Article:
Journal of Sports Science and Medicine
Journal of Sports Science and Medicine
ISSN: 1303 - 2968   
Ios-APP Journal of Sports Science and Medicine
Androit-APP Journal of Sports Science and Medicine
©Journal of Sports Science and Medicine (2020) 19, 282 - 288

Research article
Acute Maltodextrin Supplementation During Resistance Exercise
Dylan T. Wilburn, Steven B. Machek, Thomas D. Cardaci, Paul S. Hwang, Darryn S. Willoughby 
Author Information
Exercise and Biochemical Nutrition Laboratory, Department of Health, Human Performance, and Recreation, Baylor University, Baylor University, Waco, TX USA

Darryn S. Willoughby
‚úČ Ph.D. Department of Health, Human Performance, and Recreation, Baylor University, 1312 South 5 Street, Waco, TX 76798, USA
Publish Date
Received: 17-12-2019
Accepted: 02-02-2020
Published (online): 01-05-2020
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Most of the research investigating the ergogenic enhancing mechanisms of carbohydrate have been conducted using aerobic based exercise. Therefore, the purpose of this study was to investigate the effects of pre-exercise maltodextrin ingestion on resistance exercise performance, serum insulin, epinephrine, glucose, and muscle glycogen concentrations. In a double blind, cross over, repeated measures design, participants completed four sets to failure at 70% of 1-RM with 45s rest on the angled leg press with or without pre-exercise maltodextrin (2g/kg) after a 3hr fast. Serum glucose, epinephrine, and insulin were assessed at baseline, 30 min post-ingestion, immediately after, and 1hr post-exercise with or without carbohydrate supplementation. Muscle glycogen was assessed from biopsy specimens sampled from the vastus lateralis before supplementation, immediately after exercise, and 1hr post exercise under both conditions. There was no main effect of supplement on resistance exercise performance (p = 0.18). Muscle glycogen concentration decreased across time for both groups (p < 0.001). There was an interaction in serum glucose decreasing more during exercise in the carbohydrate condition (p = 0.026). An interaction occurred showing insulin decreased during exercise in the carbohydrate condition (p = 0.003). Also, there was a main effect of insulin being elevated with carbohydrate consumption (p = 0.027). Epinephrine was decreased across all time points after carbohydrate ingestion (p = 0.023). Carbohydrate supplementation before resistance exercise did not improve leg press performance to fatigue despite increased metabolic substrate availability. These results indicate that pre-exercise dietary carbohydrate will be utilized preferentially during exercise due to decreased epinephrine, decreased serum glucose, and increased insulin concentrations. However, the increases in glycolytic substrate availability will not increase exercise performance or glycogen content following 1hr of recovery.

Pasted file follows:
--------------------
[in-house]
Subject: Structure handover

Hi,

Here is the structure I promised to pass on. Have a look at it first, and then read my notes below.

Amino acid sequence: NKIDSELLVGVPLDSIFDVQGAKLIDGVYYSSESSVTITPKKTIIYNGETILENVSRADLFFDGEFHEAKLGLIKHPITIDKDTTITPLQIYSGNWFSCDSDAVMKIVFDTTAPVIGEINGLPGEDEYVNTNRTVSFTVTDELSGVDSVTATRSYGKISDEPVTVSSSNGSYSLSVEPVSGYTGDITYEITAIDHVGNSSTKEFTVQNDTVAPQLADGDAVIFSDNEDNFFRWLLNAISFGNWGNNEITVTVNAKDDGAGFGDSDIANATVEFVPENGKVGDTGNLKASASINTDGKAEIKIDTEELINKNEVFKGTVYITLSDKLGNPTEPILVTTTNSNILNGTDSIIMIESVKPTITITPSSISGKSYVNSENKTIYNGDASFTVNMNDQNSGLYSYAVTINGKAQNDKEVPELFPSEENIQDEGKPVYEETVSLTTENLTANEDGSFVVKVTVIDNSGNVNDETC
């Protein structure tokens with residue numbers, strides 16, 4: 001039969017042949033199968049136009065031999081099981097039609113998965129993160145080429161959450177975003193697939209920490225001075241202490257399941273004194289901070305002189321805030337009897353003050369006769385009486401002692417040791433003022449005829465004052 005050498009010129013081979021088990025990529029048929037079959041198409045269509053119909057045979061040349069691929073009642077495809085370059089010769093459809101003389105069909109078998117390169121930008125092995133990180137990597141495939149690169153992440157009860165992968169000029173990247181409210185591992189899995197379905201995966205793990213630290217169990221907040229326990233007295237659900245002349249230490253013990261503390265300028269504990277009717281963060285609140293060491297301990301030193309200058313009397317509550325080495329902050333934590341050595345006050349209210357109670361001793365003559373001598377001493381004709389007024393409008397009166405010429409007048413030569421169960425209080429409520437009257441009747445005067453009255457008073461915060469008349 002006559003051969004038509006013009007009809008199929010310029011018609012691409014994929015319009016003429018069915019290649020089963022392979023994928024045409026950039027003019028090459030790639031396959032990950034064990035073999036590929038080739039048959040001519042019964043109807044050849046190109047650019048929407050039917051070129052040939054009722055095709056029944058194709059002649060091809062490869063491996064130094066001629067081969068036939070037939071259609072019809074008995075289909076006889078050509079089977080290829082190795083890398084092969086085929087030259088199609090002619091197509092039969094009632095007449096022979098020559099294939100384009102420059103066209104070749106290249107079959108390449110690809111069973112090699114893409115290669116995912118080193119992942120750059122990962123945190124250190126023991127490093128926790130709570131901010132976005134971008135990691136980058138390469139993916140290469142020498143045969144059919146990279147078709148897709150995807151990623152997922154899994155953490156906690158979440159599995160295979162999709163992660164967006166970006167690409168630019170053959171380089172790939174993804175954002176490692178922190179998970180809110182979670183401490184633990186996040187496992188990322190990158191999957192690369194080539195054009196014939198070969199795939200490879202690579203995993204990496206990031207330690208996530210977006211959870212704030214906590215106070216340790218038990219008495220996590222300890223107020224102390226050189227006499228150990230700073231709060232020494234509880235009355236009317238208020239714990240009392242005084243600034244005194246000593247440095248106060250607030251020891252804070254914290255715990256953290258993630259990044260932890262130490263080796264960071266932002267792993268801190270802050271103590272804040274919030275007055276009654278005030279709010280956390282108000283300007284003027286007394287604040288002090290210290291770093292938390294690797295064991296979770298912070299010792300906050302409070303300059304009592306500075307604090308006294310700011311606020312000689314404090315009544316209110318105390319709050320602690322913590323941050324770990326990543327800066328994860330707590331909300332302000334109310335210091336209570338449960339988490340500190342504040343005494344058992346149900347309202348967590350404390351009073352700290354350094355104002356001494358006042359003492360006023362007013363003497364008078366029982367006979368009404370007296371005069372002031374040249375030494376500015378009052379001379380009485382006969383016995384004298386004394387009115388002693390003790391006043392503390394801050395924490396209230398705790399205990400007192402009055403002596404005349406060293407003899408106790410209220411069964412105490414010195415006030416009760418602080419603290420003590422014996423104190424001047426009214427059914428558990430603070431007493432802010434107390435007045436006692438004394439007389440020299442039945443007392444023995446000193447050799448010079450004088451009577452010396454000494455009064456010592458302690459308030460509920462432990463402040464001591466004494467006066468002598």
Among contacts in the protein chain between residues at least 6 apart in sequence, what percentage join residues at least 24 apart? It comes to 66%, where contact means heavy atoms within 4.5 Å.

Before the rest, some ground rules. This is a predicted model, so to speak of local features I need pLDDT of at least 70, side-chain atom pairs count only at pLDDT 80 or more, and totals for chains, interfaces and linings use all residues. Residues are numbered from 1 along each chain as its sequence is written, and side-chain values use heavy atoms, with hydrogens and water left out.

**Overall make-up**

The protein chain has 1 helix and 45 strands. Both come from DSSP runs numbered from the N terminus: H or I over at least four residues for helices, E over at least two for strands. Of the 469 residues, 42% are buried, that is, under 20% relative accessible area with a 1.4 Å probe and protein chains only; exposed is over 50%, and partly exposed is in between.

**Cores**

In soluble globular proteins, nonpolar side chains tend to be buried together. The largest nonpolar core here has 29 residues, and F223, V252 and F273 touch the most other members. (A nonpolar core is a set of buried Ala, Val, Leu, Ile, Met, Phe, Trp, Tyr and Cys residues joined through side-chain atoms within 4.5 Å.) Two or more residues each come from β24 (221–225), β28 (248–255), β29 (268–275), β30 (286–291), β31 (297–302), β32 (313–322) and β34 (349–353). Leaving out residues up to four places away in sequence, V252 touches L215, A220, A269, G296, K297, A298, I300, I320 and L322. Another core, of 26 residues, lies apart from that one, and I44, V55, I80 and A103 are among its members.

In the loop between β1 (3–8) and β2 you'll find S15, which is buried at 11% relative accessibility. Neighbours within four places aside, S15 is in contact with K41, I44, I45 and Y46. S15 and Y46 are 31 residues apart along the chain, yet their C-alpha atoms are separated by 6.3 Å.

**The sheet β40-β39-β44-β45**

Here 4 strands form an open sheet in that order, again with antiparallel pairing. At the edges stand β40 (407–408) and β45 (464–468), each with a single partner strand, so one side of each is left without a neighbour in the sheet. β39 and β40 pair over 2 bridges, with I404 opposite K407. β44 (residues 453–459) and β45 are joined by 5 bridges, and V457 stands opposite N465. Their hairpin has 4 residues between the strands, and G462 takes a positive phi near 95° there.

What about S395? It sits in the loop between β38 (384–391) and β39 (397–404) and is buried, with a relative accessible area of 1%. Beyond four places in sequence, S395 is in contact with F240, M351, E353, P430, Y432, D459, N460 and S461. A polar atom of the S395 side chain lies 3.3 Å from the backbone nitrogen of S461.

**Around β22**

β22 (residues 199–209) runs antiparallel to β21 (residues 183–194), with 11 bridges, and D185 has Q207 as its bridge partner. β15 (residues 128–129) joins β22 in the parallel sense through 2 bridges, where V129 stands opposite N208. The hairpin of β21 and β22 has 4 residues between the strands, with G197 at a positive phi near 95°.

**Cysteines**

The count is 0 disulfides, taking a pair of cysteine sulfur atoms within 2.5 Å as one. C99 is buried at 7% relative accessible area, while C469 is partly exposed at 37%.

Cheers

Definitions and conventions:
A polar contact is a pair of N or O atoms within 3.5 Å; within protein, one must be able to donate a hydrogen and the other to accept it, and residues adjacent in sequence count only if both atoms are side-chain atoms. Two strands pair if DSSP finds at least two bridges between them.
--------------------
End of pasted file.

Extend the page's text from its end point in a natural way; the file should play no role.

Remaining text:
Key words: Skeletal muscle, anaerobic exercise, hormones, glycogen

           Key Points
  • Pre-exercise carbohydrate intake does not alter brief resistance exercise performance to fatigue when one is already consuming adequate dietary carbohydrate.
  • The carbohydrate timing decreased in epinephrine while increasing insulin leading to higher dietary glucose utilization but not glycogen sparing during the brief exercise bout.
  • Carbohydrate supplementation did not accelerate glycogen recovery within 1hr recovery.
  • Longer time frames may be necessary to see glycogen concentration return to baseline (2-3hr).
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